As I discuss in this question, by far the most popular school of Hindu philosophy is the Vedanta school. But there are five other Astika or orthodox schools of Hindu philosophy: Purva Mimamsa, Samkhya, Yoga, Vaisheshika, and Nyaya. My question is about the Samkhya school, founded by the sage Kapila. Verse 53 of Ishwara Krishna's Samkhya Karika, one of the defining texts of the Samkhya school, describes the different races of beings:
aṣṭavikalpo daivas tairyagyonaśca pañcadhā bhavati |
mānuṣyaścaikavidhaḥ samāsato bhautikaḥ sargaḥ ||
The divine class has eight varieties, the sub-human has five and the human has one (only). Such, in brief is this creation.
The eight varieties of divine beings are Brahma, Prajapati, Indra, Pitri, Gandharva, Rakshasa, and Pishacha. Now this excerpt from the Yukti Dipika, an ancient commentary on the Samkhya Karika of unknown authorship discovered in the 1930's, responds to the objection that this classification scheme excludes Asuras:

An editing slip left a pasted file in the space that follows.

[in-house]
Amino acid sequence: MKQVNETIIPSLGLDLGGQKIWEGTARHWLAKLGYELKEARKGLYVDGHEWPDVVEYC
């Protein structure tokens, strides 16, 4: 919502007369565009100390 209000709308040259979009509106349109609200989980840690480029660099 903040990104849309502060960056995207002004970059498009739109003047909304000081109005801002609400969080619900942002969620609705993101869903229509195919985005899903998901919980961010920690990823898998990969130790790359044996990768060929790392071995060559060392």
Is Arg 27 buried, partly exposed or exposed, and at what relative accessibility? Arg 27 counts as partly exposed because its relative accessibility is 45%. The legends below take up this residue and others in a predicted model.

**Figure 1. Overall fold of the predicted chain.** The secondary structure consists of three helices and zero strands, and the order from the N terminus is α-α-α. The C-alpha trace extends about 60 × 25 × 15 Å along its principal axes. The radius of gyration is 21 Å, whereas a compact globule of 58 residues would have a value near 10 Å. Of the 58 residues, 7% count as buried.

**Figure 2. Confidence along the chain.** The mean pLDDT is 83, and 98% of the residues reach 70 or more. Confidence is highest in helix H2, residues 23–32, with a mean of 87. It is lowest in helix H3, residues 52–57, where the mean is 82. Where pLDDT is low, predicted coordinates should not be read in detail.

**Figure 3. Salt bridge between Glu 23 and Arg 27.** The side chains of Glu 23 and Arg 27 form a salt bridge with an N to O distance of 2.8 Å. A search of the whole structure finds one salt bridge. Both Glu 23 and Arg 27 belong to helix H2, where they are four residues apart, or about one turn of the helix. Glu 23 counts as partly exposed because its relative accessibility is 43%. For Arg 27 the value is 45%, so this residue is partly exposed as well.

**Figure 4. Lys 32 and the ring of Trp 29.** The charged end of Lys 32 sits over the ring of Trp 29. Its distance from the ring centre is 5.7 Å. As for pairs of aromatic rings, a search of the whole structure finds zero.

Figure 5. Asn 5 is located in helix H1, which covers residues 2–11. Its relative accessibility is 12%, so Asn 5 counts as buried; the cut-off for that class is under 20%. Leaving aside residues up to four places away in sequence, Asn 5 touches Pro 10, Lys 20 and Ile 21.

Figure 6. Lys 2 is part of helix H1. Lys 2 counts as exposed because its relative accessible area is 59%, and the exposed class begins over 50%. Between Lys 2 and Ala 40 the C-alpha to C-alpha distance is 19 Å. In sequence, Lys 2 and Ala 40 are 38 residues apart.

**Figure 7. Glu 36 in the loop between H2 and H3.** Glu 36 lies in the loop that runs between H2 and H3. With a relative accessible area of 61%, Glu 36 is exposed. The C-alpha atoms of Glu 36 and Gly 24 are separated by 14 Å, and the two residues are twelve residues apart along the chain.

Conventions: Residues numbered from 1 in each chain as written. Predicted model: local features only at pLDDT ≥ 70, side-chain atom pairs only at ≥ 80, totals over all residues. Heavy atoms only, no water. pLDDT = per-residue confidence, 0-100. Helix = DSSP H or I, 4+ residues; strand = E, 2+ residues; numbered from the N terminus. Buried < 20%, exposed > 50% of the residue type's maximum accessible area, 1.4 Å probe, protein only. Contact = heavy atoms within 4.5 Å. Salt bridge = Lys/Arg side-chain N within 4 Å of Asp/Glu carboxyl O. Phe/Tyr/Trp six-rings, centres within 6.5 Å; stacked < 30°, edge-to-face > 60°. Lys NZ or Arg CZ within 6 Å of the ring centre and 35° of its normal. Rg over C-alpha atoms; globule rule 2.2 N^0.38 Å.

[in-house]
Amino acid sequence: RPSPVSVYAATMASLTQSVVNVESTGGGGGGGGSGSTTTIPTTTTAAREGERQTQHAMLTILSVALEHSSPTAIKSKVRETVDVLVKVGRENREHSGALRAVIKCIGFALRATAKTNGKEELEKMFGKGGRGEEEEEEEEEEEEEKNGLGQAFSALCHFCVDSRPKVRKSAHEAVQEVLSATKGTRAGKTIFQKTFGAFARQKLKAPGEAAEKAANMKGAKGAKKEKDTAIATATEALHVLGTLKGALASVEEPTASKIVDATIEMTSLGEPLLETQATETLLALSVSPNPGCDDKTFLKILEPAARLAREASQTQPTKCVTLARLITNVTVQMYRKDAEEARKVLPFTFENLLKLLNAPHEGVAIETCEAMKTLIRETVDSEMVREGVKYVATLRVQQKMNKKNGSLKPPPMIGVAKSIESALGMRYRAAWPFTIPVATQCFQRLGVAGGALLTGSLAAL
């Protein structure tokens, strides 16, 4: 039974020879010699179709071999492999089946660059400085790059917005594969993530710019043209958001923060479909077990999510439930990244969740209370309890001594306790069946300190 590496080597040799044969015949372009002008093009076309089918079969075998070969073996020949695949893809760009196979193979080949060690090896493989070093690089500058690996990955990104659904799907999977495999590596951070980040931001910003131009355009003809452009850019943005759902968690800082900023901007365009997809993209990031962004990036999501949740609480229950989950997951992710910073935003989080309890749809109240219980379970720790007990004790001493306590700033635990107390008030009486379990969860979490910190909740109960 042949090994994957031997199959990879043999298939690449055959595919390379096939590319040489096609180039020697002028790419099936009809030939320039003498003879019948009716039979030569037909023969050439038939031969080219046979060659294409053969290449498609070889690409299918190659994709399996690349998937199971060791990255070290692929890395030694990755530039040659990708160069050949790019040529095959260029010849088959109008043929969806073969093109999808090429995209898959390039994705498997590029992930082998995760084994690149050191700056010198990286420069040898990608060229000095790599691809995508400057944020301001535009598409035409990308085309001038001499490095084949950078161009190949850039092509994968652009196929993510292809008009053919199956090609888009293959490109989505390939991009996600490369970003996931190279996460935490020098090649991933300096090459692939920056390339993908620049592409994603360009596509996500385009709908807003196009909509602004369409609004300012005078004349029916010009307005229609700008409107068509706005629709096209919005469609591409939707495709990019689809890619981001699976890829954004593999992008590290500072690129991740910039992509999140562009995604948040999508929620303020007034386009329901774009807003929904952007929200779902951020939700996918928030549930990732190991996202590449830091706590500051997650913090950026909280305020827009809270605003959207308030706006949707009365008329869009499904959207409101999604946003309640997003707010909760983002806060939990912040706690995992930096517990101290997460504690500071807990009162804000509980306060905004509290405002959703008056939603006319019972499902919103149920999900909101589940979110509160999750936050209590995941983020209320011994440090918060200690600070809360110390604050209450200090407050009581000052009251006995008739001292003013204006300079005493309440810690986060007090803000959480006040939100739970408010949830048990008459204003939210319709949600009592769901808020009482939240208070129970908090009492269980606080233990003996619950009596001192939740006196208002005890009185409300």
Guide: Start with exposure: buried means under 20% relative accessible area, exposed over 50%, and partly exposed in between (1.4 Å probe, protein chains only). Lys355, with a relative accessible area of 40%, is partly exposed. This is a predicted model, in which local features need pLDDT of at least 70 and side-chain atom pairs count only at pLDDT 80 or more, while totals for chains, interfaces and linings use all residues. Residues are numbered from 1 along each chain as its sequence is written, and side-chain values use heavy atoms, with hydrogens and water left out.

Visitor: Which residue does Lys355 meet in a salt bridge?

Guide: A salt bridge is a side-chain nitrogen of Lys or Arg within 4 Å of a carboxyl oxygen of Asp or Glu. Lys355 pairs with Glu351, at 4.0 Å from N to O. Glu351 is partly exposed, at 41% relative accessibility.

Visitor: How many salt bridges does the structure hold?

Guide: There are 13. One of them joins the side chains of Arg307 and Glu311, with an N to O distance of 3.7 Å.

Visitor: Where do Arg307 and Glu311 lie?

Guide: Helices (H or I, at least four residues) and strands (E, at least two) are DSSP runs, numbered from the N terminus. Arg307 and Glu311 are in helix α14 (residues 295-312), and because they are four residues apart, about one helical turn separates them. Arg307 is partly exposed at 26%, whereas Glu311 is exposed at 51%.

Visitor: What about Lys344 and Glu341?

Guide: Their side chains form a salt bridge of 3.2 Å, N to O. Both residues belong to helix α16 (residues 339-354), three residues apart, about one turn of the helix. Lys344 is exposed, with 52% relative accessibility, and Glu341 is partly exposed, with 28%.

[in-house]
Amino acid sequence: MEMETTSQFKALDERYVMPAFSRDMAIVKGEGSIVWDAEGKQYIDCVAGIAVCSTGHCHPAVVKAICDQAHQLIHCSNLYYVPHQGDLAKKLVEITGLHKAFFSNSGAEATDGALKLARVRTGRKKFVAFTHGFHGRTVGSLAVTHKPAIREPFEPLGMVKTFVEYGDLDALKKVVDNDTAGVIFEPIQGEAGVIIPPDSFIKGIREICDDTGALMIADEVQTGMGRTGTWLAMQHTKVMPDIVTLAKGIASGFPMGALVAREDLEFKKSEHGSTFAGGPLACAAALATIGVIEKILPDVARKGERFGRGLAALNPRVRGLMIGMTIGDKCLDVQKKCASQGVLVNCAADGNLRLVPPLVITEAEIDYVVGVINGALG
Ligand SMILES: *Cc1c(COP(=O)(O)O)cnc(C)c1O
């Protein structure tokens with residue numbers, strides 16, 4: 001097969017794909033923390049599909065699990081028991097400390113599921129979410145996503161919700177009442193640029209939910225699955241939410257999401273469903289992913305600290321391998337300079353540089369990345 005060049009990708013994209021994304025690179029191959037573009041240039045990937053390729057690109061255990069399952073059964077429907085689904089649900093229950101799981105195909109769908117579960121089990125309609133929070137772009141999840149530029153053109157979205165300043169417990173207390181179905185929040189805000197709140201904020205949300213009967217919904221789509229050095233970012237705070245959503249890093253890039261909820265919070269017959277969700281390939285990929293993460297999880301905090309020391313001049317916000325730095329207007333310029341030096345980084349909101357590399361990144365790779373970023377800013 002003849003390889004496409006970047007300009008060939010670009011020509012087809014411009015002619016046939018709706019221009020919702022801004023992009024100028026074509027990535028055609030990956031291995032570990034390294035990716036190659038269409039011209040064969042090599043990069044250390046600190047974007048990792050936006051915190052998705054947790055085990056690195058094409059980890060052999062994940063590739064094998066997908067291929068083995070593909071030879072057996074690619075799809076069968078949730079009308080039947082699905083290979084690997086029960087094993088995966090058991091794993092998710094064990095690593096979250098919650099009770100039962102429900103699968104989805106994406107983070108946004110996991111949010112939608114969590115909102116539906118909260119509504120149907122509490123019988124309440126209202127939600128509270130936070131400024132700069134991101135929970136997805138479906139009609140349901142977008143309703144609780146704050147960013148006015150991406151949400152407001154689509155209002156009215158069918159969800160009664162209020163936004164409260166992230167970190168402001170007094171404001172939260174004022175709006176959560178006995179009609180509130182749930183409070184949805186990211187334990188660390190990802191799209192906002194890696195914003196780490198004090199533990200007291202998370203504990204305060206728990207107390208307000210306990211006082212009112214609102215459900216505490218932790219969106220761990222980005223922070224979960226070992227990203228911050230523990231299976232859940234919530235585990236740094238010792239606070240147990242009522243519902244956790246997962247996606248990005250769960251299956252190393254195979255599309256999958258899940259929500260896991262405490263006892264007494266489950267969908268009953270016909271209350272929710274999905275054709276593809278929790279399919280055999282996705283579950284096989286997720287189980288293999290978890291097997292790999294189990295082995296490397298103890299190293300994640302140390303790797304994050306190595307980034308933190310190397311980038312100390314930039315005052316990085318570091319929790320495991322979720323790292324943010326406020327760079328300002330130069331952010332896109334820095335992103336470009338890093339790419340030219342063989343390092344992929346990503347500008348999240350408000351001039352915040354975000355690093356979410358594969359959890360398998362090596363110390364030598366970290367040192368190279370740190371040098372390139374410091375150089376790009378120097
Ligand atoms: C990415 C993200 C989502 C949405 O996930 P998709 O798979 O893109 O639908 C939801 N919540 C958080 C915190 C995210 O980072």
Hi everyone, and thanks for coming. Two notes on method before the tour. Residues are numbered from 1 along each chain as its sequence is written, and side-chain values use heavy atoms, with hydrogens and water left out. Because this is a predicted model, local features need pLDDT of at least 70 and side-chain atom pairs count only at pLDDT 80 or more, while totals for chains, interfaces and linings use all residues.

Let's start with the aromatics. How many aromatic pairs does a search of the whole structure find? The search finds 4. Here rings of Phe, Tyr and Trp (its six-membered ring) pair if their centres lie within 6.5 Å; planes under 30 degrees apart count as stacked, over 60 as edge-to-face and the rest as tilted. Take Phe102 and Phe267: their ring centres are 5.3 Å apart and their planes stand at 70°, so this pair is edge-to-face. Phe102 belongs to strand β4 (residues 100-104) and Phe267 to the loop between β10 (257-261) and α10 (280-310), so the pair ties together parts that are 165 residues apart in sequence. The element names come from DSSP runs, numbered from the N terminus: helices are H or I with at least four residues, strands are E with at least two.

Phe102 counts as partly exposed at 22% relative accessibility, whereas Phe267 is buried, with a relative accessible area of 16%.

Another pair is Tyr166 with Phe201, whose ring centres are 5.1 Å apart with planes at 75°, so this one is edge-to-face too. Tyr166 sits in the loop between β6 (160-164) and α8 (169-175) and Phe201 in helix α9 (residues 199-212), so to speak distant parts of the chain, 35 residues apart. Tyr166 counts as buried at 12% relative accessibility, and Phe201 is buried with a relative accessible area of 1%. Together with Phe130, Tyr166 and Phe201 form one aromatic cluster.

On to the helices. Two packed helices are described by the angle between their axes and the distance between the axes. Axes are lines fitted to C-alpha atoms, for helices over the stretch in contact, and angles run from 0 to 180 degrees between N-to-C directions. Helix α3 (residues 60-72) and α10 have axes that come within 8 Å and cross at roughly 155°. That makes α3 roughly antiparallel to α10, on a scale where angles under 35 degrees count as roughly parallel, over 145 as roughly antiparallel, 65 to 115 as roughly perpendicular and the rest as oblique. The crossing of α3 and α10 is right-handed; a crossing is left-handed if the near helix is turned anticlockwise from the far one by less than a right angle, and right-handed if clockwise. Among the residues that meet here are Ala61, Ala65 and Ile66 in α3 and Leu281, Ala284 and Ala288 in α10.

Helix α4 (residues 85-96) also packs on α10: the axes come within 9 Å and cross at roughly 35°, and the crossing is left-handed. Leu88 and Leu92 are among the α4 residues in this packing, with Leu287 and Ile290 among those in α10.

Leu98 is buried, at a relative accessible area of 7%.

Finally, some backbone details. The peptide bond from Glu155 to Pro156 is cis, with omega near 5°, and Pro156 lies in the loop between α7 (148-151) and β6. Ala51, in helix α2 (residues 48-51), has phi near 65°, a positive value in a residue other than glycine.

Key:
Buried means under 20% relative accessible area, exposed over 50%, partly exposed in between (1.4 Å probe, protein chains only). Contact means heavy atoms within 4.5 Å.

Objection: "The demons also should be mentioned." ... Proponent: No, because they are included in the above only. The demons are included because they were the gods earlier. The demons were the gods earlier. Moreover, because of their being Indra alternatively. The state of Indra is found in the shruti alternatively with reference to Dhanvi, etc. Similarly, because the Yakshas are identical with the Rakshasa. The Kinnaras and Vidhyadharas are included into Gandharvas because of the similarity of their nature. The diseased souls are included into ancestors because of their similarity in respect of having the same lord.
I find this reasoning somewhat tendentious, but I'm interested in the part in bold. My question is, what is the story of the Asura Dhanvi attaining the position of Indra?
I've heard of other Asuras taking over Swarga, like Prahlada and Mahabali, but I've never heard of Dhanvi. What scriptures describe him? Is he mentioned in the Vedas as the Yukti Dipika suggests?